Beecher left the Comets in 1960 in order to work with a spin-off group called the Merri-Men which released a 45 single on Apt records, "Big Daddy"/"St. Louis Blues"; he returned to the group in 1961 only to leave again in 1962. A few months later, he agreed to sit in with the band for a live album recording session for Roulette Records (the album was entitled Twisting Knights at the Roundtable). After Haley's death in 1981, Beecher toured with a short-lived Comets reunion group. Finally, starting in 1987, the surviving members of the 1954-55 Comets reunited and proceeded to tour the world and make new recordings for the next two decades. Beecher performed with this group until July 2006, after which the group announced he had retired; although it was announced that the 85-year-old guitarist would tour Europe with the Comets in early 2007, this did not occur.
Franny Beecher's compositions included "Blue Comet Blues", "Goofin' Around", "Shaky", "Tampico Twist", "The Beak Speaks", "Hot to Trot", "Beecher Boogie Woogie", "Whistlin' and Walkin' Twist", "The Catwalk", and "Week End", which was a chart hit with The Kingsmen, reaching no.35, co-written with Rudy Pompilli and Billy Williamson. "Week End" was recorded and released as a single by rock guitarist Link Wray in September, 1963 as Swan S-4154. Red Price released "Week End" as a single in the UK on Pye Records in 1958.
With the Comets, Franny Beecher played a black 1956 Gibson Les Paul Custom which was given to him by the Gibson Guitar Company, then based in Kalamazoo, Michigan. Gibson also gave Bill Haley a blonde 1956 Super 400 and a black 1956 Gibson L-7. The Les Paul Custom featured a pair of black single coil P-90 pickups, one of which was a bar magnet P-90. Earlier, he had played a Gibson L-5 acoustic with a cutaway body and a DeArmond pickup, as noted in Sound and Glory, page 100. He played an Epiphone Emperor when he was a member of the Benny Goodman band in 1948 and 1949, which he also played on the Ed Sullivan Show during a performance of "Rock Around the Clock". In the Mexican film Juventide y rebeldes (1961), he is playing either a Gibson ES-345 or ES-355 Stereo. His other guitars included a blonde 1959 ES-350T, which he no longer owns. He plays a cherry sunburst Gibson ES-225 in concerts and when touring.
As of October 2007, Beecher performs as a special guest of the Rib House Band at the Bridgeport Rib House in Bridgeport, Pennsylvania.
With Benny Goodman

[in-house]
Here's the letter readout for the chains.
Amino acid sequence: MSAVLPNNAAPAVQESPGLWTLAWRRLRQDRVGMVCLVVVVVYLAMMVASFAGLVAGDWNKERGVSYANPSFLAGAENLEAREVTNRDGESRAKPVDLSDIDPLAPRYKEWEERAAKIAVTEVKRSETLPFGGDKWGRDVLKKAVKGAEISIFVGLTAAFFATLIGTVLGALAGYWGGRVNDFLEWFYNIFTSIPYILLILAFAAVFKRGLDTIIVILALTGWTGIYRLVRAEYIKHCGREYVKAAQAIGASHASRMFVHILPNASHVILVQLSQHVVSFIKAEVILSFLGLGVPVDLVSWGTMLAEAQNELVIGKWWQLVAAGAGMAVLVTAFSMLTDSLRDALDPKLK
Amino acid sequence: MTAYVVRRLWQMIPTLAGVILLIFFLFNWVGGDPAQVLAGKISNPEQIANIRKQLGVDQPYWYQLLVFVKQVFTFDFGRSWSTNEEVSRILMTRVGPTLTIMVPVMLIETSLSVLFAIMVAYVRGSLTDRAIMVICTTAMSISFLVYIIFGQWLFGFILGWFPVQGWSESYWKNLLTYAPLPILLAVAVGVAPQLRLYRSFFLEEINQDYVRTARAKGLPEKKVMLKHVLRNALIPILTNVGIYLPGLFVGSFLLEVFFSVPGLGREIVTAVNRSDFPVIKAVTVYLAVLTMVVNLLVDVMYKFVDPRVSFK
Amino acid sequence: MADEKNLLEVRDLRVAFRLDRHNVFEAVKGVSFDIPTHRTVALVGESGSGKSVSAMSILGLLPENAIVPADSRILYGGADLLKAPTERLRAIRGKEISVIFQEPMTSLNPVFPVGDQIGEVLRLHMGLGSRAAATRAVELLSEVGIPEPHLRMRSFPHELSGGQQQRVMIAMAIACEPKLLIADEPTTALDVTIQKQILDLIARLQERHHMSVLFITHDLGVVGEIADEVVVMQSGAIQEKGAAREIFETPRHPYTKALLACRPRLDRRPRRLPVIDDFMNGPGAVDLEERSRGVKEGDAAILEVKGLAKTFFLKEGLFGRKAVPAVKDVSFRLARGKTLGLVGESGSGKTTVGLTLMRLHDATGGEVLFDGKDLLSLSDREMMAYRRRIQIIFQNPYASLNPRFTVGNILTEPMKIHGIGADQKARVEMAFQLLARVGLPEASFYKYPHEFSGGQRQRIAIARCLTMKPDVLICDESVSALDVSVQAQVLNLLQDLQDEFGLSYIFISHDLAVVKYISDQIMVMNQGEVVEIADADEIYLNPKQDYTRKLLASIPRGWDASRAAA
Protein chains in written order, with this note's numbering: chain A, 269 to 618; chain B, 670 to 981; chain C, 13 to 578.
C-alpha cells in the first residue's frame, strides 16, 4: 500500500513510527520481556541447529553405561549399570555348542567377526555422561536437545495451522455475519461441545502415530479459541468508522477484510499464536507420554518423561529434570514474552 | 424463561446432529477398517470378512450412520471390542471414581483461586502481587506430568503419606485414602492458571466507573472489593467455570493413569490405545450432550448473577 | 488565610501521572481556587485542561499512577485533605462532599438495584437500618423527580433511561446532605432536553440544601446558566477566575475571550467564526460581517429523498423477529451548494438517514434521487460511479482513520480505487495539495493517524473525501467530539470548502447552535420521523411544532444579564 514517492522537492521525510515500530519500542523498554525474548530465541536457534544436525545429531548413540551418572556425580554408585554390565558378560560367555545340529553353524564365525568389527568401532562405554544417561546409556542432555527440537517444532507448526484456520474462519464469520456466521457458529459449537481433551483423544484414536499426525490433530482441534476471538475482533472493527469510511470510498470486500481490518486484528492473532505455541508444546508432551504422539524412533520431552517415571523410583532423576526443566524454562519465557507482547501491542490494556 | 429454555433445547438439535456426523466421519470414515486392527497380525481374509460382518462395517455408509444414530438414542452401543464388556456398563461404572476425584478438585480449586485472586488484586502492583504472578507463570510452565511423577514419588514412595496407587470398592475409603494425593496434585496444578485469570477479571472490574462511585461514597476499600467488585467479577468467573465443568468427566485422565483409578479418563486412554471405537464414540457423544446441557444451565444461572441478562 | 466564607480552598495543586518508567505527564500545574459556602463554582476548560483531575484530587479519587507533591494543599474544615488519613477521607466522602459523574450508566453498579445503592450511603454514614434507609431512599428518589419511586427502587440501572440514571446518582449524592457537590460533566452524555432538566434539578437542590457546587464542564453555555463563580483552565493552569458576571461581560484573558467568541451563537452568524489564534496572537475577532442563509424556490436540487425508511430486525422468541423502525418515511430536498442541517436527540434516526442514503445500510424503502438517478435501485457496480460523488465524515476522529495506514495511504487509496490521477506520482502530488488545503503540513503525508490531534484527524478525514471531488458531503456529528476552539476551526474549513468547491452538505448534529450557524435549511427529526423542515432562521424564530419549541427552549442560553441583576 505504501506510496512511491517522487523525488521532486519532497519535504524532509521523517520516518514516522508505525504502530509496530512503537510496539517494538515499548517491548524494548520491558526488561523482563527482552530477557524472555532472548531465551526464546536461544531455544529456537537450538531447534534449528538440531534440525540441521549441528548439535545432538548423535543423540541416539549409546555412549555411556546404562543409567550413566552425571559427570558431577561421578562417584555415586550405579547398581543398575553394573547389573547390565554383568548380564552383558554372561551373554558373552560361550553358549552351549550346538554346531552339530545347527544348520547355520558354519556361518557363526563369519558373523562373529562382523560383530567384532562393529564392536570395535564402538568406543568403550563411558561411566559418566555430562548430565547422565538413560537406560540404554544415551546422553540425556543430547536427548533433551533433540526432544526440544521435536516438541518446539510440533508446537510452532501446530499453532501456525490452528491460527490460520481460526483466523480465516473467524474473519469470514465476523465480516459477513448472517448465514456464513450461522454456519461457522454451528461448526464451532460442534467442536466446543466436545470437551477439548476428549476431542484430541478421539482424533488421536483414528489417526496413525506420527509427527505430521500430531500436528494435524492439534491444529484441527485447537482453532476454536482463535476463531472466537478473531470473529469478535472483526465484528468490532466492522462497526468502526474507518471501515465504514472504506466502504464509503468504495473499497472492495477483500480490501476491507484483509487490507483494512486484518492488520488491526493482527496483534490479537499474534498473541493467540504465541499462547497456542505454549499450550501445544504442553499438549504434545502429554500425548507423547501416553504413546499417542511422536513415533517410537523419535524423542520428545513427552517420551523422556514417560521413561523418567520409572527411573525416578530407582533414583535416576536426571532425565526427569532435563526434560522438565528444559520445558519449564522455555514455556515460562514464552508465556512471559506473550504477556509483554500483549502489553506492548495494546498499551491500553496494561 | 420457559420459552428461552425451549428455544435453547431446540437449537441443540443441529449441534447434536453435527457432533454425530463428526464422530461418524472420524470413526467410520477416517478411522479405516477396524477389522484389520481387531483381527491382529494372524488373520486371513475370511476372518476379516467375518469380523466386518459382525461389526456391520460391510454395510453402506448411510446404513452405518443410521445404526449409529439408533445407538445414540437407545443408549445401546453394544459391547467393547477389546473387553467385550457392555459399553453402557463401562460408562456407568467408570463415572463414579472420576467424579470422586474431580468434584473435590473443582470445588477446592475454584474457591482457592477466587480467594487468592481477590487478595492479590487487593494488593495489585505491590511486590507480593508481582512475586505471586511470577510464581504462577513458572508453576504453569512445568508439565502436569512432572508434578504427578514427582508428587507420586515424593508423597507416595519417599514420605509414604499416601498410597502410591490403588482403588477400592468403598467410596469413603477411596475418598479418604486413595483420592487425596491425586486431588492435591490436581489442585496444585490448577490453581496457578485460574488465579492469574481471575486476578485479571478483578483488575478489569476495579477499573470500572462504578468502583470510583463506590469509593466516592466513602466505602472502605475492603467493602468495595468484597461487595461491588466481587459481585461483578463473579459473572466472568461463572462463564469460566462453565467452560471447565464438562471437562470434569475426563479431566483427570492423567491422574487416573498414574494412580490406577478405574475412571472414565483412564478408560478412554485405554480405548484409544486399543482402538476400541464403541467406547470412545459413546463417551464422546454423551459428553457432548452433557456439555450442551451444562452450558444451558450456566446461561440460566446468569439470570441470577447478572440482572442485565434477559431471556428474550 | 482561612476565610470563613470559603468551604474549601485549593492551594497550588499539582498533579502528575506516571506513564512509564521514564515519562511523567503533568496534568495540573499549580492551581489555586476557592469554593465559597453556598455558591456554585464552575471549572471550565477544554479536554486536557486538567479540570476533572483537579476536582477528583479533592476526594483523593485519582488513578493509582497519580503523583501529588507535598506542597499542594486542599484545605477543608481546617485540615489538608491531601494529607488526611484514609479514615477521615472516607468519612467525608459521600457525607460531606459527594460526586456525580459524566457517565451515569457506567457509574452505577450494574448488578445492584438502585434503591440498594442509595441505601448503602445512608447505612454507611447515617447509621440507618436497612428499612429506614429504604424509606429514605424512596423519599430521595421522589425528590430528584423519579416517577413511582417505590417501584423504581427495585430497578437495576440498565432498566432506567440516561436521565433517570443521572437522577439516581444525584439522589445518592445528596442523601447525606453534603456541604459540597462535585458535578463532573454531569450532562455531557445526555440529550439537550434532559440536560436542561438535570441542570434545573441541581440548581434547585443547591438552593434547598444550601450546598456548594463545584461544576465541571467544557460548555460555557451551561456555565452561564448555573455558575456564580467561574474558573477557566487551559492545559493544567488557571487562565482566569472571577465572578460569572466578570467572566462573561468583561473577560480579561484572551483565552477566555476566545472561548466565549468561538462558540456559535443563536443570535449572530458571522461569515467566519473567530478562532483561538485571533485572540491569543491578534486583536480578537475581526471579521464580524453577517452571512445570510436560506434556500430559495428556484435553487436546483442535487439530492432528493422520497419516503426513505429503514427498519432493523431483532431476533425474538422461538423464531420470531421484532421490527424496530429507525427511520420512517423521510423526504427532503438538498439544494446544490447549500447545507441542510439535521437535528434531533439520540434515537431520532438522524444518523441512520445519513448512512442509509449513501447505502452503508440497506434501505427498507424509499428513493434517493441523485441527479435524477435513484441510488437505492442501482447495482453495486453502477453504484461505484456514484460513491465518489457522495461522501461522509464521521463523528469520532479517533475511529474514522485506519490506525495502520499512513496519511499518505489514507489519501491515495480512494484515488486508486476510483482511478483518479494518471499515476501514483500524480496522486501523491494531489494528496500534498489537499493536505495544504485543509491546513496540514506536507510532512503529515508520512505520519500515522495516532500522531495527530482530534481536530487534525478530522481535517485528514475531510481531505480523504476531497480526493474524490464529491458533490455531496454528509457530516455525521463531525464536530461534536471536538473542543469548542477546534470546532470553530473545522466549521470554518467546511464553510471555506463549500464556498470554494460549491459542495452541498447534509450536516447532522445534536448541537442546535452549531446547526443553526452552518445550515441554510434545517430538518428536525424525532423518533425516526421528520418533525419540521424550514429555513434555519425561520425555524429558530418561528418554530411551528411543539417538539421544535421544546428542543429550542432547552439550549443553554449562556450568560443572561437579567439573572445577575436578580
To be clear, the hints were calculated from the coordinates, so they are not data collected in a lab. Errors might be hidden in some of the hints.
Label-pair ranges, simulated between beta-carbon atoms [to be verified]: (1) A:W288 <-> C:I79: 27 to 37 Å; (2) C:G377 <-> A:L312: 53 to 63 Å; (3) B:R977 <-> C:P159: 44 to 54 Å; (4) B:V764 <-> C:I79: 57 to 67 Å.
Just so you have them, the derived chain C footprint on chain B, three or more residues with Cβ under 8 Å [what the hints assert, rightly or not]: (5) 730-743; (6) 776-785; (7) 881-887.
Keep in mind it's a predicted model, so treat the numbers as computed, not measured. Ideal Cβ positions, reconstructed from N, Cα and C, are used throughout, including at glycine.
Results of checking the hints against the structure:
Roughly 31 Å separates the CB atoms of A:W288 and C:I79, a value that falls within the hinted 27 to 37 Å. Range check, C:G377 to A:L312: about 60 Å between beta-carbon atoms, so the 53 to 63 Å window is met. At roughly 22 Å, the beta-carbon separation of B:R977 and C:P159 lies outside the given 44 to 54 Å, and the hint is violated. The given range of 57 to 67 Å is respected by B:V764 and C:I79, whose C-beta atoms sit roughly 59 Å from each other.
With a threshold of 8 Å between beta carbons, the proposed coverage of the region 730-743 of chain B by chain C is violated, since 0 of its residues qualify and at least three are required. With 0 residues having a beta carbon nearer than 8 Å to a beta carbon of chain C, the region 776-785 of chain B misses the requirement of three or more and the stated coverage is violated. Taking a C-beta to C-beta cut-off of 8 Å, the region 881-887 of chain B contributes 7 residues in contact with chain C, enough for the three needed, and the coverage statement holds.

Franny Beecher was the lead guitarist in the Benny Goodman Orchestra in 1948-1949. He appeared on The Toast of the Town show (which later became The Ed Sullivan Show) on CBS television with the Benny Goodman band in December, 1948. He is featured on two Benny Goodman albums, Modern Benny on Capitol and Benny Goodman at the Hollywood Palladium. Personnel lists generally refer to him as Francis Beecher.
Modern Benny (Capitol ECJ-40001. Japanese release only):
1. Ma Belle Marguerite (10-02-1949)
2. Having a Wonderful Wish (24-03-1949)
3. That Wonderful Girl of Mine (24-03-1949)
4. It Isn't Fair (24-03-1949)
5. Fresh Fish (31-03-1949)
6. The Hucklebuck (31-03-1949)
7. Don't Worry About Me (31-03-1949)
8. Little Girl Don't Cry (15-10-1949)
9. Why Don't We Do This More Often (15-10-1949) Dolly Houston vocal
10. Brother Bill (27-10-1949)
11. Spin a Record (27-10-1949)
12. I Had Someone Else Before I Had You (27-10-1949) Dolly Houston vocal
13. You're Always There (27-10-1949)
Benny Goodman at the Hollywood Palladium, March 25, 1949:
14. Let's Dance (25-03-1949) instrumental
15. Undercurrent Blues (25-03-1949) instrumental
16. Do Do Do (25-03-1949)
17. Trees (25-03-1949) instrumental
18. There's a Small Hotel (25-03-1949) instrumental (quartet)
19. Jersey Bounce (25-03-1949) instrumental
20. El Greco (25-03-1949) instrumental
21. Lover Man (25-03-1949) Terry Swope vocal
22. King Porter Stomp (25-03-1949) instrumental
23. Clarinade (25-03-1949) instrumental
- Steranko Arte Noir by Jim Steranko, J. David Spurlock, Angel de la Calle (Vanguard Productions/Semana Negra, 2002), pp. 16-18
- Bill Haley: The Daddy of Rock and Roll. John Swenson. 1982. Stein and Day. page 60. ISBN 0-8128-2909-3
- Haley, John W. and John von Hoelle. Sound and Glory: The Incredible Story of Bill Haley, the Father of Rock 'N' Roll and the Music That Shook the World. Wilmington, DE: Dyne-American, 1991.
- Biographical essay[dead link]
- Rockabilly Hall of Fame Comets page